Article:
In an opinion Thursday, Judge Stanton granted YouTube summary judgment in a high-stakes copyright infringement case in which the plaintiff, Viacom, claims YouTube unlawfully allows Viacom’s copyrighted videos to be posted online. Judge Stanton’s had earlier granted summary judgment to YouTube because of the Digital Millennium Copyright Act’s “safe harbor” provision, which protects websites from infringement claims based on certain user-posted material, so long as the sites lack actual knowledge and have mechanisms to promptly remove the material after being notified by the copyright holder.  The Second Circuit reversed and remanded for Judge Stanton to consider (among other things) whether YouTube had actual knowledge of the videos at issue.  In Thursday’s opinion, Judge Stanton again ruled for YouTube.  He rejected Viacom’s argument that YouTube should be bear the burden of proving it lacked actual knowledge of each of the over 63,000 videos in dispute:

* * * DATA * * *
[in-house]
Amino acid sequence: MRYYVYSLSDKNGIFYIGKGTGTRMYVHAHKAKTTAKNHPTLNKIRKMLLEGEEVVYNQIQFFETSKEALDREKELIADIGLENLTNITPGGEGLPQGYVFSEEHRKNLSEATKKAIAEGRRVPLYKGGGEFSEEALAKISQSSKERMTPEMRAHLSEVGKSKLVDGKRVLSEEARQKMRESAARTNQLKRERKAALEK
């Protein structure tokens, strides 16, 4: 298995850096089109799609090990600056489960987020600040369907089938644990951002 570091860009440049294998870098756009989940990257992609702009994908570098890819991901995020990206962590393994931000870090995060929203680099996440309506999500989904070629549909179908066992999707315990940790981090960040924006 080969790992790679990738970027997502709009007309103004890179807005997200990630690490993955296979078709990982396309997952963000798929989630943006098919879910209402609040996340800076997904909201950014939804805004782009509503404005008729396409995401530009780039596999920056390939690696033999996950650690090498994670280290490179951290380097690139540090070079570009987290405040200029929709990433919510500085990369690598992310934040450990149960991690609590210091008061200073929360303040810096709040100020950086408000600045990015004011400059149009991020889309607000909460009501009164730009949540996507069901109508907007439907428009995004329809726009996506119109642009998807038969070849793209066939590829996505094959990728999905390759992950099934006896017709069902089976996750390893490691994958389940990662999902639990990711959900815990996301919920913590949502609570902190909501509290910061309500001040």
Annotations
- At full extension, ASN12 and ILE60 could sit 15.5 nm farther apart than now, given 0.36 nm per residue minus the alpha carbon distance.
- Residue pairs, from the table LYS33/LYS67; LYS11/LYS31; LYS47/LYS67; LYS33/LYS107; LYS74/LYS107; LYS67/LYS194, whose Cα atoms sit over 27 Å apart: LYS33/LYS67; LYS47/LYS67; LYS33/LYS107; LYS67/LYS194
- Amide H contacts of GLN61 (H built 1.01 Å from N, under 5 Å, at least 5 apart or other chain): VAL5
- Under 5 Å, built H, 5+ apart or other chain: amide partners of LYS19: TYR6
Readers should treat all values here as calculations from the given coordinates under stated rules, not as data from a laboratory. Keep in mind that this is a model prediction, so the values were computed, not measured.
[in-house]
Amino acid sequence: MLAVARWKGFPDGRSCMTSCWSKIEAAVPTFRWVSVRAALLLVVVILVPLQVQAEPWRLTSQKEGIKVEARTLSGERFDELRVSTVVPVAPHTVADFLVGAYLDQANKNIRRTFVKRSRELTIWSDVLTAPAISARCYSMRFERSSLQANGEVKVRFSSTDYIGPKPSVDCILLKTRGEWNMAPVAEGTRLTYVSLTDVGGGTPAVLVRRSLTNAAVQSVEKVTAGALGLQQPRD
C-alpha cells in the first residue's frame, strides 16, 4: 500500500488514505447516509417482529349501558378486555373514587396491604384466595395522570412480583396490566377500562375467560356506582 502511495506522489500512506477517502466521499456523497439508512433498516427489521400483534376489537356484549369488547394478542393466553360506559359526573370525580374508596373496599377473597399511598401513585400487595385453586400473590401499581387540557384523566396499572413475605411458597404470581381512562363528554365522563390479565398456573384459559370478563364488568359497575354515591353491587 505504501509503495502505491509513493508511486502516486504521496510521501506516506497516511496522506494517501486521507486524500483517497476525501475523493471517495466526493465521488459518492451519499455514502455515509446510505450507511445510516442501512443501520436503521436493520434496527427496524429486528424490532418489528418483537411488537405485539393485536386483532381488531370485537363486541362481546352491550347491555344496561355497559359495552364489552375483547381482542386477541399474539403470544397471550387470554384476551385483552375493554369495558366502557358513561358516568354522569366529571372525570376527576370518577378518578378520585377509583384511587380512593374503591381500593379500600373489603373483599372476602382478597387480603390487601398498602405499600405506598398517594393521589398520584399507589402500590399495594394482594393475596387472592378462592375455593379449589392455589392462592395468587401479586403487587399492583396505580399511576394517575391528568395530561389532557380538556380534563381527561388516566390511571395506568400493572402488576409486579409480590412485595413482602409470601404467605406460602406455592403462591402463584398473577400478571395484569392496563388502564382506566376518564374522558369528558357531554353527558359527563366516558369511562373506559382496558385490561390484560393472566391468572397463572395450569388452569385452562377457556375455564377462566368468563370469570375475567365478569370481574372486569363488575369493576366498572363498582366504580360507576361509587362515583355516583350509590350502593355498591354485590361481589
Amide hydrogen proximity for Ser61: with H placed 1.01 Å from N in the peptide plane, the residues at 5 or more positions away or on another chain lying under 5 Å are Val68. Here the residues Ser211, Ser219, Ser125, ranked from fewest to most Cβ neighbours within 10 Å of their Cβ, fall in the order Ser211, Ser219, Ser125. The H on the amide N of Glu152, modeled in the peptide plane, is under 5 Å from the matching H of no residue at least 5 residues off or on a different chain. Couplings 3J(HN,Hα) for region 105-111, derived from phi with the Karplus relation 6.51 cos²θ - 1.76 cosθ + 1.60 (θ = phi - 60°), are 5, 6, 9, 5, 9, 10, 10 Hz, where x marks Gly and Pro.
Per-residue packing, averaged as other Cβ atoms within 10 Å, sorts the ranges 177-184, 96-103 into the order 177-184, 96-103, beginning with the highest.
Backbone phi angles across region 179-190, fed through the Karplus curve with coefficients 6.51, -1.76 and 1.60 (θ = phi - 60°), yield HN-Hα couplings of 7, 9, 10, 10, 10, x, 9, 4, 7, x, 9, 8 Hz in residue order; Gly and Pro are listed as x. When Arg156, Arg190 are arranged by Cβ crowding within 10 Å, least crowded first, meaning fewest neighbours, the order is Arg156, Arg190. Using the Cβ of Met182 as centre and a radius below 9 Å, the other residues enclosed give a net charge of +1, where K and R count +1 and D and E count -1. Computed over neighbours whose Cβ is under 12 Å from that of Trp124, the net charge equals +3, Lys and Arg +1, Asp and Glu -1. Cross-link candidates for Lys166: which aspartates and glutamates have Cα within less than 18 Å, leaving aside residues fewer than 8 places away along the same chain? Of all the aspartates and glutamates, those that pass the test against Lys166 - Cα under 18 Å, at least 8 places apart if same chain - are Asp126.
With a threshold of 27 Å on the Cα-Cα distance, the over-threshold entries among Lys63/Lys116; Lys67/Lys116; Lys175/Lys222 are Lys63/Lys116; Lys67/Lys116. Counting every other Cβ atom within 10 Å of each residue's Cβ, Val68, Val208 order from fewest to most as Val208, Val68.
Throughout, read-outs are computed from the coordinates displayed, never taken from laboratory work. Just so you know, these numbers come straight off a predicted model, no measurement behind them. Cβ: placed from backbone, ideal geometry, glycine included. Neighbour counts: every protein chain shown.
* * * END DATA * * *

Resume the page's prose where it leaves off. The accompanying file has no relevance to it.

[Viacom’s] argument is ingenious, but its foundation is an anachronistic, pre-Digit Millennium Copyright Act (DMCA), concept. Title II of the DMCA (the Online Copyright Infringement Liability Limitation Act) was enacted because service providers perform a useful function, but the great volume of works placed by outsiders on their platforms, of whose contents service providers were generally unaware, might well contain copyright-infringing material which the service provider would mechanically “publish” thus ignorantly incurring liability under the copyright law. The problem is clearly illustrated on the record this case, which establishes that ” . . .  site traffic on YouTube had soared to more than 1 billion daily video views, with more than  24 hours of new video uploaded to the site every minute”, 676 F.3d at 28; 718 F. Supp. 2d at 518, and the natural consequence that no service provider could possibly be aware of the contents of such video. . . . If, as plaintiffs’ assert, neither side can determine the presence or absence specific infringements  because of the volume of material, that merely demonstrates the wisdom of the legislative requirement that it be the owner of the copyright, or his agent, who identifies the infringement by giving the service provider notice. 17 U.S.C. § 512 (c)(3)(A). The system is entire workable:  In 2007 Viacom itself gave such notice to YouTube of infringements by some 100,000 videos, which were taken down by YouTube by the next business day.